bloom (n.1) Look up bloom at
"blossom of a plant," c. 1200, a northern word, from a Scandinavian source akin to Old Norse blomi "flower, blossom," also collectively "flowers and foliage on trees;" from Proto-Germanic *blomon (cognates: Old Saxon blomo, Middle Dutch bloeme, Dutch bloem, Old High German bluomo, German Blume, Gothic bloma), from PIE *bhle- (cognates: Old Irish blath "blossom, flower," Latin flos "flower," florere "to blossom, flourish"), extended form of root *bhel- (3) "to thrive, bloom" (see folio). Related to Old English blowan "to flower" (see blow (v.2)).

Transferred sense, of persons, is from c. 1300; meaning "state of greatest loveliness" is from early 14c.; that of "blush on the cheeks" is from 1752. Old English had cognate bloma, but only in the figurative sense of "state of greatest beauty;" the main word in Old English for "flower" was blostm (see blossom).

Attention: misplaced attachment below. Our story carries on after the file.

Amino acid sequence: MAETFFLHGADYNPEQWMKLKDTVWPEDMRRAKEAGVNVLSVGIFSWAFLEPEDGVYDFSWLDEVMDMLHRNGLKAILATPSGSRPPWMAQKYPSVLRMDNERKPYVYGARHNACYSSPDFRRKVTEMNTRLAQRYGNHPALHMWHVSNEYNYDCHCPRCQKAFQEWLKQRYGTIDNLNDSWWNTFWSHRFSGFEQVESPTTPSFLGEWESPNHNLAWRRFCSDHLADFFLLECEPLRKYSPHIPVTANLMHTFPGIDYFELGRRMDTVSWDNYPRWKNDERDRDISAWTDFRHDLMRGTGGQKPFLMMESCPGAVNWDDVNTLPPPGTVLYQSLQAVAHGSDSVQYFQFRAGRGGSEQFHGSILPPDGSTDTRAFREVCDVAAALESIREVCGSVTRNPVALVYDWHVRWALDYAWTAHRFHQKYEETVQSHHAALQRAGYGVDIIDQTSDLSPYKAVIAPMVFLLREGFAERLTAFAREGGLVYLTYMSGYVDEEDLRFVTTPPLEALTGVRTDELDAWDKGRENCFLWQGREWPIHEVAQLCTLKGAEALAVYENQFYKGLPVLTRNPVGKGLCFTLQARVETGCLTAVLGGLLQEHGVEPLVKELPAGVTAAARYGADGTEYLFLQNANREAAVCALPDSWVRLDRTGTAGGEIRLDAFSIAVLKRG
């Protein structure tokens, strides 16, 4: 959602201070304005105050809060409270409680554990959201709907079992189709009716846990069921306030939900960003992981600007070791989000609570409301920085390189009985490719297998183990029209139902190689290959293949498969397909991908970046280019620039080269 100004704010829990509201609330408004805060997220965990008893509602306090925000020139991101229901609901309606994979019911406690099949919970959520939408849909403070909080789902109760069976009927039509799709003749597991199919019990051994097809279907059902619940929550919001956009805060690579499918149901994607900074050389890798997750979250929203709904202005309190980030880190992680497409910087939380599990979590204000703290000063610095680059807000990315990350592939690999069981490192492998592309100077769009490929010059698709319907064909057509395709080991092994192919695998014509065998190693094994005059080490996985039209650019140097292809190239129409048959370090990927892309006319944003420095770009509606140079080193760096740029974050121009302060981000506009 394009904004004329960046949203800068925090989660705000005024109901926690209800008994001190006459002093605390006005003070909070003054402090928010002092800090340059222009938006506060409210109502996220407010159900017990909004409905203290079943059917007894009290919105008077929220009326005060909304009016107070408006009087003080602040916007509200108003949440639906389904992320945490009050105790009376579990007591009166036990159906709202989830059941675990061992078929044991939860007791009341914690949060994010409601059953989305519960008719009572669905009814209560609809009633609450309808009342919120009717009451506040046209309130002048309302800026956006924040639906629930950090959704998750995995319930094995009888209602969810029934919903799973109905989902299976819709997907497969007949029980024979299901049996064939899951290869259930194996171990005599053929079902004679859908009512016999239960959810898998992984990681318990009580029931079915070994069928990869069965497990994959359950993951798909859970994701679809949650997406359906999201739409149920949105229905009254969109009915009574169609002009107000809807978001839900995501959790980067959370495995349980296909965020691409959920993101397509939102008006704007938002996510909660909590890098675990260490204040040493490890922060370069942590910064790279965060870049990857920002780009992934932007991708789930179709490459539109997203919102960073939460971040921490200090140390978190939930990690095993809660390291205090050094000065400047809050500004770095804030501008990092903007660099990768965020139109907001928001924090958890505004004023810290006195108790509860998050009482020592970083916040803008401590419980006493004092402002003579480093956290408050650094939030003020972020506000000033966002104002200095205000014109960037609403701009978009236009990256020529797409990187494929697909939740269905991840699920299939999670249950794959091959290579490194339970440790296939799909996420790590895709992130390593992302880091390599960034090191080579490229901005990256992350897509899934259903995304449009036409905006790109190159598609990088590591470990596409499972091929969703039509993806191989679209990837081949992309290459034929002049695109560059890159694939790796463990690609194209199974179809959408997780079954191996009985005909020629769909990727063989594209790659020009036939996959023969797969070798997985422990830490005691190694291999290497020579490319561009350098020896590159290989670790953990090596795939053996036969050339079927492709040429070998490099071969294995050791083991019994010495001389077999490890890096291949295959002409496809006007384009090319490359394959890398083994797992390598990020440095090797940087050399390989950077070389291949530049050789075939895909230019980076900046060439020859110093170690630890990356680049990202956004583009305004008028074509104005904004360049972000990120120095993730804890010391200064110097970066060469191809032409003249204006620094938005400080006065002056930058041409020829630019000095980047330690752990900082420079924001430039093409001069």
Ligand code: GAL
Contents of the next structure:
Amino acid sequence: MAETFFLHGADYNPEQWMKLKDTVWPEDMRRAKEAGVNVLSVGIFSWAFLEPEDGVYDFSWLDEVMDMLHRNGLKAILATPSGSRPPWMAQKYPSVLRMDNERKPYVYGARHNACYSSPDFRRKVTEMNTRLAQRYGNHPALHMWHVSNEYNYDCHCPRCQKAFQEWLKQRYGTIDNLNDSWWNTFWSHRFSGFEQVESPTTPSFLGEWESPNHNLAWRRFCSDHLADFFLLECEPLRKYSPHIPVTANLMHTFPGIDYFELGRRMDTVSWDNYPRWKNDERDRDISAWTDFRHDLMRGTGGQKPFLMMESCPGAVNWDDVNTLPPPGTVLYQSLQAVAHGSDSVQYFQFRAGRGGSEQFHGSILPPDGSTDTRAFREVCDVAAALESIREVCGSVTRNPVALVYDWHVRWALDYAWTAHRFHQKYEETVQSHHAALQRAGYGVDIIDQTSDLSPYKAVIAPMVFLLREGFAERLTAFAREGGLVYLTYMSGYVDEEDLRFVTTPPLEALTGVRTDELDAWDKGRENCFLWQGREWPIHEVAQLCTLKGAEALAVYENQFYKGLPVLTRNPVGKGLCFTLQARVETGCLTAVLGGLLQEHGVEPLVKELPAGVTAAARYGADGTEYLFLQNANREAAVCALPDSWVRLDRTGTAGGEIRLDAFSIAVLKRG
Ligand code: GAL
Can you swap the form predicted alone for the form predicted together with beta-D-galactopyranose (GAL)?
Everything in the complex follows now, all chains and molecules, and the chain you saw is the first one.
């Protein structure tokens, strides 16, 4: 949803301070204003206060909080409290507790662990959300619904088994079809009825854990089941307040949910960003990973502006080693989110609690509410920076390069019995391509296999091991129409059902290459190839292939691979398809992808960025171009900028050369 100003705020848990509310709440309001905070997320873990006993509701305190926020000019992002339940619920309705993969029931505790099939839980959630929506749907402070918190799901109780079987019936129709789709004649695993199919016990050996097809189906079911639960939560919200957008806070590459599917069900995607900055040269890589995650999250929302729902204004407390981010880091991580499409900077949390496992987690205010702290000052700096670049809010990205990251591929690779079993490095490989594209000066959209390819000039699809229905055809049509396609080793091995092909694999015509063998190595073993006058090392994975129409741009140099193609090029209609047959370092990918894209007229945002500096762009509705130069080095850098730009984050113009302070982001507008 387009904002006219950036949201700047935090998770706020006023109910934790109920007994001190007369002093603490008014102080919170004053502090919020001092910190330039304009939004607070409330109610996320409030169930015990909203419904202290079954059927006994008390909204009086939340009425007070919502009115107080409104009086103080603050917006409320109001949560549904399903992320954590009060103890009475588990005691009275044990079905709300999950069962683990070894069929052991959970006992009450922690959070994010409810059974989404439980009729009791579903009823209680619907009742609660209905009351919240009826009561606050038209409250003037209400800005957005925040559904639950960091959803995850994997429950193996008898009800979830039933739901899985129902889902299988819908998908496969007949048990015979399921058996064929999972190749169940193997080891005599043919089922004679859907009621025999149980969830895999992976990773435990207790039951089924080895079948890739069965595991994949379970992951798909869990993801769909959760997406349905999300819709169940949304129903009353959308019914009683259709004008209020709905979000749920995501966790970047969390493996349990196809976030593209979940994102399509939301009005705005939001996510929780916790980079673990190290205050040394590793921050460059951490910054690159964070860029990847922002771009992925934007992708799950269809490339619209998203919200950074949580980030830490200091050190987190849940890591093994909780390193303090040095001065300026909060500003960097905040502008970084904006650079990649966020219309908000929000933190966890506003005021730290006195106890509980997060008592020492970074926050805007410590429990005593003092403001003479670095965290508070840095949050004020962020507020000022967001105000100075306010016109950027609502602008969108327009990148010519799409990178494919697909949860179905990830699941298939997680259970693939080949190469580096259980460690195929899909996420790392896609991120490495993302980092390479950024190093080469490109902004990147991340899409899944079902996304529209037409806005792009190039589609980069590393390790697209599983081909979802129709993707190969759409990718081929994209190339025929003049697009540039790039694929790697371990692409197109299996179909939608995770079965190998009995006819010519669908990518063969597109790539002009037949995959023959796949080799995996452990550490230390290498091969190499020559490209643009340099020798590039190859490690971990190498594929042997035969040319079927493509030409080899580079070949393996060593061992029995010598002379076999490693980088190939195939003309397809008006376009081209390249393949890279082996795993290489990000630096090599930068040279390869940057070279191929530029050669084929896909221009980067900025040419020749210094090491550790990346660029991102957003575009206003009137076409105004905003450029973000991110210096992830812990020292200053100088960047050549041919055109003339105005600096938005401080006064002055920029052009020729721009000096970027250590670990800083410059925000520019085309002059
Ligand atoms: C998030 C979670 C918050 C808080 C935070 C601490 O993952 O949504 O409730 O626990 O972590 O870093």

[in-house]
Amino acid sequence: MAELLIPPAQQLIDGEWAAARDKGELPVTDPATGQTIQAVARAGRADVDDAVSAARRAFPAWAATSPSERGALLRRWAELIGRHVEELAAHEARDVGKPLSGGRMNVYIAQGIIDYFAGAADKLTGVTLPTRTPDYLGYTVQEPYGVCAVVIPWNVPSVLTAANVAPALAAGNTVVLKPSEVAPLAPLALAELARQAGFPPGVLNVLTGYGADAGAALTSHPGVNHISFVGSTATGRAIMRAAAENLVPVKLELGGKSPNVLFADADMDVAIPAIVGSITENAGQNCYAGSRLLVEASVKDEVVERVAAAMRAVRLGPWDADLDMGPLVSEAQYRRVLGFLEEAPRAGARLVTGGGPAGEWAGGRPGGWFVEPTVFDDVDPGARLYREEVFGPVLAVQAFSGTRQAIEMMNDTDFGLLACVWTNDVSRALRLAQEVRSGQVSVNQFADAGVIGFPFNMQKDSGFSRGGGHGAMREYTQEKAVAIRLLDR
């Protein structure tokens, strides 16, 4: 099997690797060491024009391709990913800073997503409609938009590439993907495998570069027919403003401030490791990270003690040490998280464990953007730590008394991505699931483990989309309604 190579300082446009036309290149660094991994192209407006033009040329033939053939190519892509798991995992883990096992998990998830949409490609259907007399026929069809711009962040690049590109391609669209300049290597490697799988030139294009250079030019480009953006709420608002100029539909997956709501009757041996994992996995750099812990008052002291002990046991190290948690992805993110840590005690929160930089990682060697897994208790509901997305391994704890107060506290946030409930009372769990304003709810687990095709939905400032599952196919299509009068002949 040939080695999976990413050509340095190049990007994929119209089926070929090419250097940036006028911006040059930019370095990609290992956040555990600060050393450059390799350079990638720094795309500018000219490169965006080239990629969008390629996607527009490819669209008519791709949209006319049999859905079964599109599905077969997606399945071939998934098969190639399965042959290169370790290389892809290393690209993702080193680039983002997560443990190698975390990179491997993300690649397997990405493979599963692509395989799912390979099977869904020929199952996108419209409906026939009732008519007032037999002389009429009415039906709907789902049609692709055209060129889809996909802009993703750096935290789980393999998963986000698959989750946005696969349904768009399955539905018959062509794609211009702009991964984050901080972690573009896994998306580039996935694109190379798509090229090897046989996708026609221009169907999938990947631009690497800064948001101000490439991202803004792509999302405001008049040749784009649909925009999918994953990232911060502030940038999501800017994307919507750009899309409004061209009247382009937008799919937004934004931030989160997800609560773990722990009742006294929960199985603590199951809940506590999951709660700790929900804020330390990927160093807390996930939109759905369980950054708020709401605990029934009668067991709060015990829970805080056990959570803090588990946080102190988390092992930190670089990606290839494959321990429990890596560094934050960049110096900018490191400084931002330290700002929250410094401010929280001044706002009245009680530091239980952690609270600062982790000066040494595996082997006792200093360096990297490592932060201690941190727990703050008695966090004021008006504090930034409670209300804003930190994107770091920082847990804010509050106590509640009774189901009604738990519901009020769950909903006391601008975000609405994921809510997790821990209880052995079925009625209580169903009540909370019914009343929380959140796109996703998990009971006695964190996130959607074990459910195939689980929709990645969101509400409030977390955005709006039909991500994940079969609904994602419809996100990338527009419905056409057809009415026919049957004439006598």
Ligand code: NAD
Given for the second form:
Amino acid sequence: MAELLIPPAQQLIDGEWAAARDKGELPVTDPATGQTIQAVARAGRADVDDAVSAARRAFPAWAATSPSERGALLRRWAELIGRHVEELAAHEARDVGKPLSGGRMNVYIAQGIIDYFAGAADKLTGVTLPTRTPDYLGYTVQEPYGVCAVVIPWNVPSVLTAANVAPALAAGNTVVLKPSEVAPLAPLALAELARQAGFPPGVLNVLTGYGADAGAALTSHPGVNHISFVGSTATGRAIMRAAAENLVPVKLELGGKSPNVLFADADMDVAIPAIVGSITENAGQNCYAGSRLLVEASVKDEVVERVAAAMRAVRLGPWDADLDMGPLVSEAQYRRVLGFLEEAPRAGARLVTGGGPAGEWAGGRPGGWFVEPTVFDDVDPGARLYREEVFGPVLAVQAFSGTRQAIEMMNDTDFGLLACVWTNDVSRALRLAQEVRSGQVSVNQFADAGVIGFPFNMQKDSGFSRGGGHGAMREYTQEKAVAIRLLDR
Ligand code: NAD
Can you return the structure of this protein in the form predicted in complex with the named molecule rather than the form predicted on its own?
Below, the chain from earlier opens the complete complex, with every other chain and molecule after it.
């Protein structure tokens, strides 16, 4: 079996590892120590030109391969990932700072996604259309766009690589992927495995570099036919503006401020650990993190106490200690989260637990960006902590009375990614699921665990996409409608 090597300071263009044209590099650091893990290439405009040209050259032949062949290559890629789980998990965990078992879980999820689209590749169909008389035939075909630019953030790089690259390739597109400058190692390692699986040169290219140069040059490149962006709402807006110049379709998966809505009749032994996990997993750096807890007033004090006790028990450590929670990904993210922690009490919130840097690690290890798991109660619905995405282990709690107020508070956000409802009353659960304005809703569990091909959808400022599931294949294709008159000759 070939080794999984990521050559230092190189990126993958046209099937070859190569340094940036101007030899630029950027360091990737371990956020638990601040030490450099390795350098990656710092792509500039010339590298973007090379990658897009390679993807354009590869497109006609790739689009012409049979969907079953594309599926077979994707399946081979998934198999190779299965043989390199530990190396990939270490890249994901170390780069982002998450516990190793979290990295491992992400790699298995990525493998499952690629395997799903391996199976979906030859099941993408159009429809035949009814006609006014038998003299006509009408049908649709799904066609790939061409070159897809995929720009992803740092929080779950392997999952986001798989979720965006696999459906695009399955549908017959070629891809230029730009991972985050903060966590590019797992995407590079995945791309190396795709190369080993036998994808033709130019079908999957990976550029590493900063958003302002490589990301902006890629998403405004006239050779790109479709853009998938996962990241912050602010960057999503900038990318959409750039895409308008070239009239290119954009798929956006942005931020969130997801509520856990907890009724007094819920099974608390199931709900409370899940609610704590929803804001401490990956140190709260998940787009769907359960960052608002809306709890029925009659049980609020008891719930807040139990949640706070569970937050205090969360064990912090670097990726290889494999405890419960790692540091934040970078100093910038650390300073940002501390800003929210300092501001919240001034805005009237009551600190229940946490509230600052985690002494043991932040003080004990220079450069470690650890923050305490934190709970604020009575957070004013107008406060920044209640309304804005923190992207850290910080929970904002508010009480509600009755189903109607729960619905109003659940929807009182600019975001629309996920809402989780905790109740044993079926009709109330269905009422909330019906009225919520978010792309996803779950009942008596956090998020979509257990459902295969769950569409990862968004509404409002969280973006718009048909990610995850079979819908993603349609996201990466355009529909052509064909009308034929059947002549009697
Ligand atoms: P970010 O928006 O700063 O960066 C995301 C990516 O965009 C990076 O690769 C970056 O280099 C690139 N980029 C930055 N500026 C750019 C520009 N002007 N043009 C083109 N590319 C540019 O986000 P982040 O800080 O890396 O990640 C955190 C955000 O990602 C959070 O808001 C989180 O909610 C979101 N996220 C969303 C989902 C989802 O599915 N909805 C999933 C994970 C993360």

bloom (n.2) Look up bloom at
"rough mass of wrought iron," from Old English bloma "lump of metal; mass," which is of unknown origin. Identical in form to bloom (n.1), and sometimes regarded as a secondary sense of it, but evidence of a connection is wanting.
bloom (v.) Look up bloom at
mid-13c., blomen, from the noun (see bloom (n.1)). Related: Bloomed; blooming.